When she finished year 12 and decided to study art at university, her father warned her the profession would be a dead end. “And he gave me the booklet that the Chinese Communist Party produced: Mao Zedong’s address at the Yan’an Conference on literature and art. I have read that 100 times and I still have it. It’s increased and decreased in meaning for me. It’s ebbed and flowed. The last time I used it was for an exhibition two years ago.” That work gave birth to a lifelong consideration of how artists serve, she says. “That has always been a point for me. How do we serve? I’ve never worked on my personal emotional life in my work, because I don’t see any service in that. Yes, other people do it incredibly well and move us with it. I’ve been moved on a thousand occasions, but it’s not for me.”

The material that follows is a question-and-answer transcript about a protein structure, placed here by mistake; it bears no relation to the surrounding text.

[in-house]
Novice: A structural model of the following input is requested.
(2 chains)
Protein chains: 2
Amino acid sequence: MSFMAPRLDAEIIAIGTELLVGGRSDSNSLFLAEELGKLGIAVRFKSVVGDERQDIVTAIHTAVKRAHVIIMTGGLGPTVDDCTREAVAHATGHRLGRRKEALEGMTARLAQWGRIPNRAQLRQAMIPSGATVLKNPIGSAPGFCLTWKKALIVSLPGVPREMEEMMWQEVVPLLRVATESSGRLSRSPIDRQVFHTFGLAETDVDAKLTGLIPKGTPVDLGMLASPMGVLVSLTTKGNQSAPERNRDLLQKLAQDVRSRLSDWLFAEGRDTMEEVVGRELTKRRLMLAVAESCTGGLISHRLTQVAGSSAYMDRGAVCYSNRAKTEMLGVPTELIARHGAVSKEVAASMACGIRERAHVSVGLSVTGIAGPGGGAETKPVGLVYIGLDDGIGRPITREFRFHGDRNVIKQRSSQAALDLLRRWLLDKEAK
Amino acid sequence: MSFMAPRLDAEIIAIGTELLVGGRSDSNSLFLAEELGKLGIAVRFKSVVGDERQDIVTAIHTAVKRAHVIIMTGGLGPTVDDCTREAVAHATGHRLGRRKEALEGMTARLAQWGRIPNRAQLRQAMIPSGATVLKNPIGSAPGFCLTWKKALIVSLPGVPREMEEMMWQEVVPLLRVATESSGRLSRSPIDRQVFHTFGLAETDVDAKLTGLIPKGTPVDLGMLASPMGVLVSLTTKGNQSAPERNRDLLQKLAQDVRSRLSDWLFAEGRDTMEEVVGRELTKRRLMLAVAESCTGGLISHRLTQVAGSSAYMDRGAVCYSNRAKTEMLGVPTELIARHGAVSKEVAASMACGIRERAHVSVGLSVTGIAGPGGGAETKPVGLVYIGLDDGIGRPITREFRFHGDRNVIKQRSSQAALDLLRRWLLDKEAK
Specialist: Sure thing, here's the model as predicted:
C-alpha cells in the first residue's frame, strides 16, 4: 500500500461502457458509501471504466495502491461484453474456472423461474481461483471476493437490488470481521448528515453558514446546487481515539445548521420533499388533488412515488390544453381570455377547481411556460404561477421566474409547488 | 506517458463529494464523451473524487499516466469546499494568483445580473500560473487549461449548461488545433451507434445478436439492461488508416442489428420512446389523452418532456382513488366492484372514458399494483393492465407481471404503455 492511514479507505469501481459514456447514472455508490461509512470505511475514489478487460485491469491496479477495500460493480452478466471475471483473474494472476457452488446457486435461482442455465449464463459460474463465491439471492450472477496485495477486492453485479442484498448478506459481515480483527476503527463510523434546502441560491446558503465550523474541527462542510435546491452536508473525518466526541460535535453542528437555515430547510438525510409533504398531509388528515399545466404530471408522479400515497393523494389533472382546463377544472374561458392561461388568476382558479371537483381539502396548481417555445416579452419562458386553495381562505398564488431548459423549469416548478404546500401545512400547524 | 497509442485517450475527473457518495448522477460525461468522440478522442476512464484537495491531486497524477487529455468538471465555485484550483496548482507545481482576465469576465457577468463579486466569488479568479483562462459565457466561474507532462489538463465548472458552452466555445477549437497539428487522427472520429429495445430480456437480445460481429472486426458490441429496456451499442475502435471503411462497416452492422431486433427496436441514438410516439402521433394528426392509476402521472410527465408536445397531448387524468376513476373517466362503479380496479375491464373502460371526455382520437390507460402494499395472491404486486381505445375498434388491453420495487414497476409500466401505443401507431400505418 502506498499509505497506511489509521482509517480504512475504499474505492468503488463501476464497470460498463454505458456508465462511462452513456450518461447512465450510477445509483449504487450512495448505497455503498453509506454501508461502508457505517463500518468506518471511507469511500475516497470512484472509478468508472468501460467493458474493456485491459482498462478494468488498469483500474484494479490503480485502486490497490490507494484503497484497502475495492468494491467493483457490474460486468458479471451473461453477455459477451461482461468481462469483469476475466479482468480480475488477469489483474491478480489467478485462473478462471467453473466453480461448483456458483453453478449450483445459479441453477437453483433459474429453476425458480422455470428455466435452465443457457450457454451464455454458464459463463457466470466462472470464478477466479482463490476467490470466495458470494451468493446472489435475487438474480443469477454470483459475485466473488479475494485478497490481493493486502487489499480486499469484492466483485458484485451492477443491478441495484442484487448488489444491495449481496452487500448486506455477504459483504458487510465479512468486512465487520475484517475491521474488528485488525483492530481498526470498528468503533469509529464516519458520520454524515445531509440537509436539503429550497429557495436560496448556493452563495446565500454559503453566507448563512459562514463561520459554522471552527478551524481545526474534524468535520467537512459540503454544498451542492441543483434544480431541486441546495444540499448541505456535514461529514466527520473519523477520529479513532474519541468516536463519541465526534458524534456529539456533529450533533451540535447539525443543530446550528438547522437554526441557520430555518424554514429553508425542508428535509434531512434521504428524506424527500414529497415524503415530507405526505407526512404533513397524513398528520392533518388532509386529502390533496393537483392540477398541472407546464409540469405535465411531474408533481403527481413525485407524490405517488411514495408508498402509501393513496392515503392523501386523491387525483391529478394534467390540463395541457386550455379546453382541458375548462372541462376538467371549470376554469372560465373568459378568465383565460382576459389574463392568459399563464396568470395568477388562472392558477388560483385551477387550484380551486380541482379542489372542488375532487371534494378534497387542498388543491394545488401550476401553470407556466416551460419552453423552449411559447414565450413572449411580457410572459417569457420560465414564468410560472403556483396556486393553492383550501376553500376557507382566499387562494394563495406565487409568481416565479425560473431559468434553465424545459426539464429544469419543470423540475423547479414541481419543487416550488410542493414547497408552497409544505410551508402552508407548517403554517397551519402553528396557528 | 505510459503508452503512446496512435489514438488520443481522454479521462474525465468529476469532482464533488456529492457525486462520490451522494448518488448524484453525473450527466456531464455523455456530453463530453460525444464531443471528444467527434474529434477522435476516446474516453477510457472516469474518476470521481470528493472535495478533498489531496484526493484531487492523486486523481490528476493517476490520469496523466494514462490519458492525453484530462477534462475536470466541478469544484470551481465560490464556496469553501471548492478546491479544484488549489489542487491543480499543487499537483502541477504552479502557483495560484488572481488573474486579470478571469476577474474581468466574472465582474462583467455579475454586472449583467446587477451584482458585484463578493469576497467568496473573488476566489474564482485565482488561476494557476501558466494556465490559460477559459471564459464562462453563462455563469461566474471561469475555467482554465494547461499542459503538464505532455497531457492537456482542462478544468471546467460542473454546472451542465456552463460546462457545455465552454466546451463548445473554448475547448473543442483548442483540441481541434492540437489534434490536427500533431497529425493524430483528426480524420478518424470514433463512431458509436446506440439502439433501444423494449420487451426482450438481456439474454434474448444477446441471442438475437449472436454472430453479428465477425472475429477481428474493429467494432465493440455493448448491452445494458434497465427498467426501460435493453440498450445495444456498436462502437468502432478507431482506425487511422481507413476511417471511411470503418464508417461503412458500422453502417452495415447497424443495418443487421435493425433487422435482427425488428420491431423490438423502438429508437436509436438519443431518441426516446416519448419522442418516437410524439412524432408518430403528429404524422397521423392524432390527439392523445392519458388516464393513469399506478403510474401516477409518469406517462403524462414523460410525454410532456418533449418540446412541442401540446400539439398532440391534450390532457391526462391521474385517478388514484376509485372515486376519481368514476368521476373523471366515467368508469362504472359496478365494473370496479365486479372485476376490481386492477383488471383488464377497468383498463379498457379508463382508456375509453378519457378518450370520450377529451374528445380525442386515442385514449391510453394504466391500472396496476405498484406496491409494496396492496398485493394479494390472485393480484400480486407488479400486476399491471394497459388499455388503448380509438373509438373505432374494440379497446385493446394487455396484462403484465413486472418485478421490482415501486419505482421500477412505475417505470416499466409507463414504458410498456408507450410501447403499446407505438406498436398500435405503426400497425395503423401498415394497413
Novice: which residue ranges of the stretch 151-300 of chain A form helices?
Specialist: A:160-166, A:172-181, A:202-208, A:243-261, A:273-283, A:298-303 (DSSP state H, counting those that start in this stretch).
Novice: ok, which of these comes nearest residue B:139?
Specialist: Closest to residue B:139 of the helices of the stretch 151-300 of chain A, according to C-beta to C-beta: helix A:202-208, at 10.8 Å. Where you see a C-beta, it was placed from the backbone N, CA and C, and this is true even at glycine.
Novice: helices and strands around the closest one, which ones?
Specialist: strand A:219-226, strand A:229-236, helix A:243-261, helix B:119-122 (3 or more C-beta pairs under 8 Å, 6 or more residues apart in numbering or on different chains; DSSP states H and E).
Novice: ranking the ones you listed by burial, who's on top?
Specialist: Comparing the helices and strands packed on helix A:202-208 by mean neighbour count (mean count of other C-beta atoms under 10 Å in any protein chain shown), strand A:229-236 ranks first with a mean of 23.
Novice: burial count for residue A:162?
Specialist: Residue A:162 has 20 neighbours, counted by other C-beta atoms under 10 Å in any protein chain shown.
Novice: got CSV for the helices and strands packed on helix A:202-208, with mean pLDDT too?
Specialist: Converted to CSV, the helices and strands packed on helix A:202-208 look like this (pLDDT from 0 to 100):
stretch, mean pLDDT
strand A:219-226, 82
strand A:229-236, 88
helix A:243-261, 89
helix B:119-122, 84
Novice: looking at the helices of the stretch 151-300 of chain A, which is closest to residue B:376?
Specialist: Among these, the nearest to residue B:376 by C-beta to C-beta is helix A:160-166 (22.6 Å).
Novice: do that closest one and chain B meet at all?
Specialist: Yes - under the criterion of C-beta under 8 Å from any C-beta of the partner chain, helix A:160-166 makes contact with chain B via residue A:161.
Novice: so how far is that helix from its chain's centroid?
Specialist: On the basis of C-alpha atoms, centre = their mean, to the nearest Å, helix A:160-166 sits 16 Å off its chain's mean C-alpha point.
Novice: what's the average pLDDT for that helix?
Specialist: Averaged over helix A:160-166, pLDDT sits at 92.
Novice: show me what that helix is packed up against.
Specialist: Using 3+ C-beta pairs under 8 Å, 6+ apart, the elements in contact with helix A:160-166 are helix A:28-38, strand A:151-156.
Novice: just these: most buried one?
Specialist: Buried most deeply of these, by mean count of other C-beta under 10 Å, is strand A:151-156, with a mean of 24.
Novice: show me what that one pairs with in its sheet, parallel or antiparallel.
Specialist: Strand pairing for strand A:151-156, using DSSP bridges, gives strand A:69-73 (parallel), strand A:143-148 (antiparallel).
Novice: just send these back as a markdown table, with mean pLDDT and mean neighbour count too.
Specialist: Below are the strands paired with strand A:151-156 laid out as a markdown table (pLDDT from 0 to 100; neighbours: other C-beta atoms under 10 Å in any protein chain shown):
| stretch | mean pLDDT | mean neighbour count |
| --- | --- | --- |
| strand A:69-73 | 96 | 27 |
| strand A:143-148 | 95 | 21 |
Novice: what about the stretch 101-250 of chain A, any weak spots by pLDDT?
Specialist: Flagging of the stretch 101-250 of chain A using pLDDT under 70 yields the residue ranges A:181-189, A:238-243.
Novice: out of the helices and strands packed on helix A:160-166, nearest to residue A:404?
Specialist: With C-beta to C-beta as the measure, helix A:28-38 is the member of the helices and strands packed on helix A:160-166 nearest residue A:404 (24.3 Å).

Her sense of service took her a step beyond Mao’s communism, however. “Anarchism gave birth to my generation’s feminism,” she points out. “We were pretty hardcore and the second-wave feminists really thought we were a pain in the arse. I think they thought we were brash and vulgar and too head-first. In some sense, we were. But we never disrespected those women. They were incredible women. The women who set up the Women’s Electoral Lobby, you know, the women who fought for abortion. Susan Ryan. Elizabeth Reid. These were extraordinary women. They were highly educated, quieter women, legislators…”

De Medici stepped straight into the anarchist punk movement of the 1980s once she left school. She studied painting at what was then the Canberra School of Art and hung with a radical crowd exhibiting in a circle of women. She showed with Helen Maxwell’s Australian Girls Own Gallery – aGOG, with an anti-nationalist small “a” in its acronym – in Kingston. “It wasn’t any formal arrangement. She would just say, ‘Someone’s pulled out of a spot. Have you got any work?’ She showed hundreds and hundreds of women.”